The objective of this study was to investigate the neurovascular and anatomical differences in patients with lumbosacral transitional vertebrae (LSTV) and the associated risk of neurovascular injury in minimally invasive spine surgery.
The authors performed a retrospective study of CT and MR images of the lumbar spine obtained at their institution between 2010 and 2014. The following characteristics were evaluated: level of the iliac crest in relation to the L4–5 disc space, union level of the iliac veins and arteries in relation to the L4–5 disc space, distribution of the iliac veins and inferior vena cava according to the different Moro zones (A, I, II, III, IV, P) at the L4–5 disc space, and the location of the psoas muscle at the L4–5 disc space. The findings were compared with findings on images obtained in 28 age- and sex-matched patients without LSTV who underwent imaging studies during the same time period.
Twenty-eight patients (12 male, 16 female) with LSTV and the required imaging studies were identified; 28 age- and sex-matched patients who had undergone CT and MRI studies of the thoracic and lumbar spine imaging but did not have LSTV were selected for comparison (control group). The mean ages of the patients in the LSTV group and the control group were 52 and 49 years, respectively. The iliac crest was located at a mean distance of 12 mm above the L4–5 disc space in the LSTV group and 4 mm below the L4–5 disc space in the controls. The iliac vein union was located at a mean distance of 8 mm above the L4–5 disc space in the LSTV group and 2.7 mm below the L4–5 disc space in the controls. The iliac artery bifurcation was located at a mean distance of 23 mm above the L4–5 disc space in the LSTV group and 11 mm below the L4–5 disc space in controls. In patients with LSTV, the distribution of iliac vein locations was as follows: Zone A, 7.1%; Zone I only, 78.6%; Zone I encroaching into Zone II, 7.1%; and Zone II only, 7.1%. In the control group, the distribution was as follows: Zone A only, 17.9%; Zone A encroaching into Zone I, 75%; and Zone I only, 7.1%. There were no iliac vessels in Zone II in the control group. The psoas muscle was found to be rising away laterally and anteriorly from the vertebral body more often in patients with LSTV, resulting in the iliac veins being found in the “safe zone” only 14% of the time, greatly increasing the risk of vascular injury.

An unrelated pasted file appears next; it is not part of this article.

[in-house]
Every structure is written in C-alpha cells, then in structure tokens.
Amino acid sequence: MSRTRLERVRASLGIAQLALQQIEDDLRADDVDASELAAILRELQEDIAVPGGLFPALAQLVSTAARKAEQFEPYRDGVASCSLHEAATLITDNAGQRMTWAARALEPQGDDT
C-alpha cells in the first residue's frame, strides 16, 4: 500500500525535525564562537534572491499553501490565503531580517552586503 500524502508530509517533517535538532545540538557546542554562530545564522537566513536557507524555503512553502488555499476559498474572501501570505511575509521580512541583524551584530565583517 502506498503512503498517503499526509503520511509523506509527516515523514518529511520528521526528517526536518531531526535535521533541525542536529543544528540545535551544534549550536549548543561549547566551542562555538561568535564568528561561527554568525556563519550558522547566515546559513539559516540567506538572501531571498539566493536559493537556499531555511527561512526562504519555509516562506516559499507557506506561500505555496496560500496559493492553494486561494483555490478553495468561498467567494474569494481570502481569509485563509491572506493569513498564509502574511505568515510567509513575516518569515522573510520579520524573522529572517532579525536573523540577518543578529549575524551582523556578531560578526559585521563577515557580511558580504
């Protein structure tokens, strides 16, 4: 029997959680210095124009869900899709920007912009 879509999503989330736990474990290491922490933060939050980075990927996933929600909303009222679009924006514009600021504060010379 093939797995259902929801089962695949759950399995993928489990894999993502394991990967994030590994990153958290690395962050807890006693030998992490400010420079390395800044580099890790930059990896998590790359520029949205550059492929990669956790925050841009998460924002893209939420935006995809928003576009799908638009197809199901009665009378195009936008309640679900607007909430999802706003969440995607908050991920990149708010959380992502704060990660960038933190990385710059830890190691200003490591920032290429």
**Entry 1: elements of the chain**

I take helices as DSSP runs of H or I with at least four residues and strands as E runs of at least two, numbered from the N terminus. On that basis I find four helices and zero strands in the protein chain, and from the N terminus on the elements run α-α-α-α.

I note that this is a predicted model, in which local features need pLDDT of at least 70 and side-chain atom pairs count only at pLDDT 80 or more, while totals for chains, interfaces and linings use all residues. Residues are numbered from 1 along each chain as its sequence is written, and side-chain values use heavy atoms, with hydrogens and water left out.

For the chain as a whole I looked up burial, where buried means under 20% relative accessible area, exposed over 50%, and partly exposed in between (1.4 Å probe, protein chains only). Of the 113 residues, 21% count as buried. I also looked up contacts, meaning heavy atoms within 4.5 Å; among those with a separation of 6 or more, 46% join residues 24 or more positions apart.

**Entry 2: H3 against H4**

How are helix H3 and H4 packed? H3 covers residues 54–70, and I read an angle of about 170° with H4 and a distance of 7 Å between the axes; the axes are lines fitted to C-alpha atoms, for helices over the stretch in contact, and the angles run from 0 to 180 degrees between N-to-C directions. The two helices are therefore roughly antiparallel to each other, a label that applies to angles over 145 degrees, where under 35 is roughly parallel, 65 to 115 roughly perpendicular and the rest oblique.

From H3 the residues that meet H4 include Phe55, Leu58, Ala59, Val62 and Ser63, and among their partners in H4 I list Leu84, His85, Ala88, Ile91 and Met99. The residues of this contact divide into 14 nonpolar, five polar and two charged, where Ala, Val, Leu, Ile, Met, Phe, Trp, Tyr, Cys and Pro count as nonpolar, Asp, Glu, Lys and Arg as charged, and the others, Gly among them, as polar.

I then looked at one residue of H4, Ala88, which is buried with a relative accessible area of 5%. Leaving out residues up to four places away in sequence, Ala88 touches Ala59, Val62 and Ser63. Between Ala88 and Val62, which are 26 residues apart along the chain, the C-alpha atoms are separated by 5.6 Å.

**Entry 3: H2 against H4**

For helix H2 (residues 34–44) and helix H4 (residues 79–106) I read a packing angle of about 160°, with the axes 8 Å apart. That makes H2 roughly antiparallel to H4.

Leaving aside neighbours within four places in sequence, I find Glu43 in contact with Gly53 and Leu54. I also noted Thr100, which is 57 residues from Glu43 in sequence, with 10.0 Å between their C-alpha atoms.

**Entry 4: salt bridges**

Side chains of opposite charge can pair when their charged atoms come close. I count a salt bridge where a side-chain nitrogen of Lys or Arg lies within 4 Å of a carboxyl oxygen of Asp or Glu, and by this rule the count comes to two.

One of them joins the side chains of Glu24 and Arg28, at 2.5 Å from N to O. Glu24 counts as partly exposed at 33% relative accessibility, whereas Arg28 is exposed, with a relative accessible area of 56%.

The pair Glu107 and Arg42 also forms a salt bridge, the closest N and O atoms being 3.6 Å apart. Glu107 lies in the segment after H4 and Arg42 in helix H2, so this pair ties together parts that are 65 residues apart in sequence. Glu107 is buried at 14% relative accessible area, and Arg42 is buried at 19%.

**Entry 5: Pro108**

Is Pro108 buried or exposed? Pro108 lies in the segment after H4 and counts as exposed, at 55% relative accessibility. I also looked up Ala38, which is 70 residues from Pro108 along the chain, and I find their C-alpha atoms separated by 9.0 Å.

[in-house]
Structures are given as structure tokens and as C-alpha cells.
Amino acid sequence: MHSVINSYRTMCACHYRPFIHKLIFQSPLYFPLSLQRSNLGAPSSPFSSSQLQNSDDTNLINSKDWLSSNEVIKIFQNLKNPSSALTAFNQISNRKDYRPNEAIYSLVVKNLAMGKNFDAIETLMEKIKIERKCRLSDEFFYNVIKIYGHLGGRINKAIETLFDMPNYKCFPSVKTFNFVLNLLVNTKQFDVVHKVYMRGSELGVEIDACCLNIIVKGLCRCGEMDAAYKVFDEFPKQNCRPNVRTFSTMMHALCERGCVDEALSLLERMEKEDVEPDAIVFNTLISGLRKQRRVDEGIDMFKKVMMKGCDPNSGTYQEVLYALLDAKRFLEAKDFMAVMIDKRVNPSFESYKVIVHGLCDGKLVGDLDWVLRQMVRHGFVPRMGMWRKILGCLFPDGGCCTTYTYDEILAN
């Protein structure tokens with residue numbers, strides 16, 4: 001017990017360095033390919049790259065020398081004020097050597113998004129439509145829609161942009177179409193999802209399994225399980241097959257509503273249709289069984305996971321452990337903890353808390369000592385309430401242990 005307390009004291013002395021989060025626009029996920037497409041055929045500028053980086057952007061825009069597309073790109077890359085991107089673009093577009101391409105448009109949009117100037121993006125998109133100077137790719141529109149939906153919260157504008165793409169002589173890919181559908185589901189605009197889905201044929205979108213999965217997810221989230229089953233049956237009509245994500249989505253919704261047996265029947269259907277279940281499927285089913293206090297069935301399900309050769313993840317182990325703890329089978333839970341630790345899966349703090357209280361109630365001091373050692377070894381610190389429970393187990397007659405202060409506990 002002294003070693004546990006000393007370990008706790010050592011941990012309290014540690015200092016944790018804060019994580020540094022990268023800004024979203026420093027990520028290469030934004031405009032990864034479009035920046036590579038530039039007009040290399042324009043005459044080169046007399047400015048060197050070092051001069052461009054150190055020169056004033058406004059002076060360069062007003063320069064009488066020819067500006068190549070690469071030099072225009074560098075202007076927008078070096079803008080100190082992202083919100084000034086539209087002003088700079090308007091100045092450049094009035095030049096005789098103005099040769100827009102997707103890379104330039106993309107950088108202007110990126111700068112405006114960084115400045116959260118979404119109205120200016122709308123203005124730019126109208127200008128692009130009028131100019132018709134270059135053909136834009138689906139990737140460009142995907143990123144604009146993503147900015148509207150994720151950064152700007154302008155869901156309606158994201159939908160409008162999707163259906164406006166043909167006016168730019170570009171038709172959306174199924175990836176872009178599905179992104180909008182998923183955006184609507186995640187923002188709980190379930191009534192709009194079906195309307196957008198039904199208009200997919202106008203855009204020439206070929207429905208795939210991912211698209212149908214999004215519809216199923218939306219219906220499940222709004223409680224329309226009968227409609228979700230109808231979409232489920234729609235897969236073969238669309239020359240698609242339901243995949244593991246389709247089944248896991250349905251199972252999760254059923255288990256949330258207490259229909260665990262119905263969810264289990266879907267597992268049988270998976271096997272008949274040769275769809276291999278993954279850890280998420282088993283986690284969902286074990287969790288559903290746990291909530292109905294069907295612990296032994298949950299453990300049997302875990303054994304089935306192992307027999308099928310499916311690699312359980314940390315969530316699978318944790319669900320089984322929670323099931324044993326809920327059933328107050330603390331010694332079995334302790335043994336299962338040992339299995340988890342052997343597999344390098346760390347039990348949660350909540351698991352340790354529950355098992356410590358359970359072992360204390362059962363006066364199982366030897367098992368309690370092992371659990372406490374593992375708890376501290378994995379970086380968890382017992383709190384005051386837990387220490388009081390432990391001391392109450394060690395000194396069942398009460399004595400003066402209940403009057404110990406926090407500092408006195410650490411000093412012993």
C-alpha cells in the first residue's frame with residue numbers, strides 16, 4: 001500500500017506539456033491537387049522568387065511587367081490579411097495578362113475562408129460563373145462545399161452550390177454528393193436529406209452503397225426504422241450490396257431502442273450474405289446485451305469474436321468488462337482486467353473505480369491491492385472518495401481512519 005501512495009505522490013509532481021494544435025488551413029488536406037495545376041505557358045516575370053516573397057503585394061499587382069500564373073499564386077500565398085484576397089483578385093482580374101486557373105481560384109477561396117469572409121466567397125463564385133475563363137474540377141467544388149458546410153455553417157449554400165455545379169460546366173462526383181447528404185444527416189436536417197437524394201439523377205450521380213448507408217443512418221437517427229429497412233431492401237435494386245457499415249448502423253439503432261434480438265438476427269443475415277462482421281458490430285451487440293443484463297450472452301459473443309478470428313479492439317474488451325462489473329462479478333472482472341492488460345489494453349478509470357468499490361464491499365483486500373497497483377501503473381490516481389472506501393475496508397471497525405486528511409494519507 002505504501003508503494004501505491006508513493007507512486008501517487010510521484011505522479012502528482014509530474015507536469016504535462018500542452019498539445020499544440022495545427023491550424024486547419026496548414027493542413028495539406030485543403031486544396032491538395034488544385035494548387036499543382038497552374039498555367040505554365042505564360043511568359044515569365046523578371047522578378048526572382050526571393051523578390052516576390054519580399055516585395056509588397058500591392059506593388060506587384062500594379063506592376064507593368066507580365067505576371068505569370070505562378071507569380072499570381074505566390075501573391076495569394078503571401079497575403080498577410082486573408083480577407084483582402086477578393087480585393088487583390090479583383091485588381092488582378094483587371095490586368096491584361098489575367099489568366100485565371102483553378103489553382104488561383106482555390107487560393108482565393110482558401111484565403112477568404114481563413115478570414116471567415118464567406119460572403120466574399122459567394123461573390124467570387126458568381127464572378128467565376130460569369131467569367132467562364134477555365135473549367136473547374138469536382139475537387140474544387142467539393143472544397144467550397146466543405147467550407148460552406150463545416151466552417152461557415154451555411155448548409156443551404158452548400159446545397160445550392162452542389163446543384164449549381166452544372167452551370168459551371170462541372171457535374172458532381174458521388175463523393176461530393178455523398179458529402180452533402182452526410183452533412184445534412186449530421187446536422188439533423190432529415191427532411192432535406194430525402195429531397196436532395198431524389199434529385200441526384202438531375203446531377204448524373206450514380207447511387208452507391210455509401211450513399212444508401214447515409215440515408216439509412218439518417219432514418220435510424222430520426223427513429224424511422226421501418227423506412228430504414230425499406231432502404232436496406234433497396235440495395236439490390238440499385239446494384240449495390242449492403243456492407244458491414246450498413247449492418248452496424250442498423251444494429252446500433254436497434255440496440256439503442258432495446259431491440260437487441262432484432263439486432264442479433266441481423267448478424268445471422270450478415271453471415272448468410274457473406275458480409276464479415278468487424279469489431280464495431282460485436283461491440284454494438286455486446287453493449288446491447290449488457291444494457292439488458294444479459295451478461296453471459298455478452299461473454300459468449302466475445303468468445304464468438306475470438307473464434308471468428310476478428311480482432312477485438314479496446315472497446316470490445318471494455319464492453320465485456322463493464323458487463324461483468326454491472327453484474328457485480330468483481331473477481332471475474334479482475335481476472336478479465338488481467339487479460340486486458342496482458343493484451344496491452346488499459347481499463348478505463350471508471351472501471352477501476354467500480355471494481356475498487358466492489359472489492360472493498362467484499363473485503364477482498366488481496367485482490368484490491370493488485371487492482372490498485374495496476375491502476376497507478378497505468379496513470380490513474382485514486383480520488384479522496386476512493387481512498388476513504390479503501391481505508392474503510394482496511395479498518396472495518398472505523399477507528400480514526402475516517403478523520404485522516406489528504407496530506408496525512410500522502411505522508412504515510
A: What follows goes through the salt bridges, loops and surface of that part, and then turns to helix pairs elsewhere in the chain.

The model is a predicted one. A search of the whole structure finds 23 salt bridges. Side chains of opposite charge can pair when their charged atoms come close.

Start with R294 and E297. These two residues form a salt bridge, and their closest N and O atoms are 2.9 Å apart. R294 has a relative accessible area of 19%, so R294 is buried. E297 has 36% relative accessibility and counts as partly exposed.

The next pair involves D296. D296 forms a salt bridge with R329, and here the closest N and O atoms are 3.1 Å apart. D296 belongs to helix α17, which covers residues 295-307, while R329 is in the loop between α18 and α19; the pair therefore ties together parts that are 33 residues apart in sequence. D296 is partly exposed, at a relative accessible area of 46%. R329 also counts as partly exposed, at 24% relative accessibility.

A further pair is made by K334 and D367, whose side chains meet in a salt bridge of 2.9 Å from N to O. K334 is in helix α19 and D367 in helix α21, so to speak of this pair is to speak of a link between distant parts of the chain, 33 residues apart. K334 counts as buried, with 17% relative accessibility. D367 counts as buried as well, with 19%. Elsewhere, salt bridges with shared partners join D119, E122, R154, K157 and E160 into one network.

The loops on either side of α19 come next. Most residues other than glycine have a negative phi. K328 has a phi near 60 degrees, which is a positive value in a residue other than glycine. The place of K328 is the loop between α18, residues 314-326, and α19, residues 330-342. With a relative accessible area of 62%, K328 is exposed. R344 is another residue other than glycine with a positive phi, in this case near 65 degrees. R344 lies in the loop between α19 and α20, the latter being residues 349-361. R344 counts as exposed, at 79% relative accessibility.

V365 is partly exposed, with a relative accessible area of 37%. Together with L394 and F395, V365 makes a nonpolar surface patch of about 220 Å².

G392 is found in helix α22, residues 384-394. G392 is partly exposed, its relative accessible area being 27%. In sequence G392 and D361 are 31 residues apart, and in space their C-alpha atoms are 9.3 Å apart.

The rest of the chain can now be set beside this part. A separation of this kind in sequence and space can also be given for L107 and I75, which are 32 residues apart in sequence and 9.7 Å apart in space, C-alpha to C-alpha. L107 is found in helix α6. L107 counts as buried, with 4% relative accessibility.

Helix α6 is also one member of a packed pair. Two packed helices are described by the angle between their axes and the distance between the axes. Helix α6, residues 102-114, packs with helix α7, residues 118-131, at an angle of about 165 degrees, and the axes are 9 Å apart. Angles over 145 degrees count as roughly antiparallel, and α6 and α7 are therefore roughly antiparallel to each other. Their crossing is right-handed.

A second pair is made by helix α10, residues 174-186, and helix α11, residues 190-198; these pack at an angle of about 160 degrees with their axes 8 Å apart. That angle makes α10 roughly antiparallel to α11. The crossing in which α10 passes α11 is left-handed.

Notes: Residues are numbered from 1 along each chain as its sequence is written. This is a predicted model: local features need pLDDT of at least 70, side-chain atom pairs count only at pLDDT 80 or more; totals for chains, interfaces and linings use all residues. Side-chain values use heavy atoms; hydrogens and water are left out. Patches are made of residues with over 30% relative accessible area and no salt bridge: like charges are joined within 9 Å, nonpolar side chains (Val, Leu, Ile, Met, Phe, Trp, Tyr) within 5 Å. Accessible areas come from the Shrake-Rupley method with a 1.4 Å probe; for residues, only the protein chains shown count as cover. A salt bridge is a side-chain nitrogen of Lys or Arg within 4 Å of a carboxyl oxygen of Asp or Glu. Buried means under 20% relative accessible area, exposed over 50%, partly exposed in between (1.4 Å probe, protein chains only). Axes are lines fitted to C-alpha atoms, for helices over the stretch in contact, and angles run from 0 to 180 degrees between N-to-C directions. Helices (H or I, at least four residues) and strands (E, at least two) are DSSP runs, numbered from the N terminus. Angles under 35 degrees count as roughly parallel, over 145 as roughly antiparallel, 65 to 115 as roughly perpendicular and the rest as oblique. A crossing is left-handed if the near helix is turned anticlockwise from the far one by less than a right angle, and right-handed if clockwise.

In patients with LSTV, the iliac crest is more likely to be above the L4–5 disc space, which increases the technical challenges of a lateral approach. The location of the psoas muscle rising away laterally and ventrally in patients with LSTV compared with controls and with the union of the iliac veins occurring more often above the L4–5 disc space increases the risk for iatrogenic vascular injury at the L4–5 level in this patient population.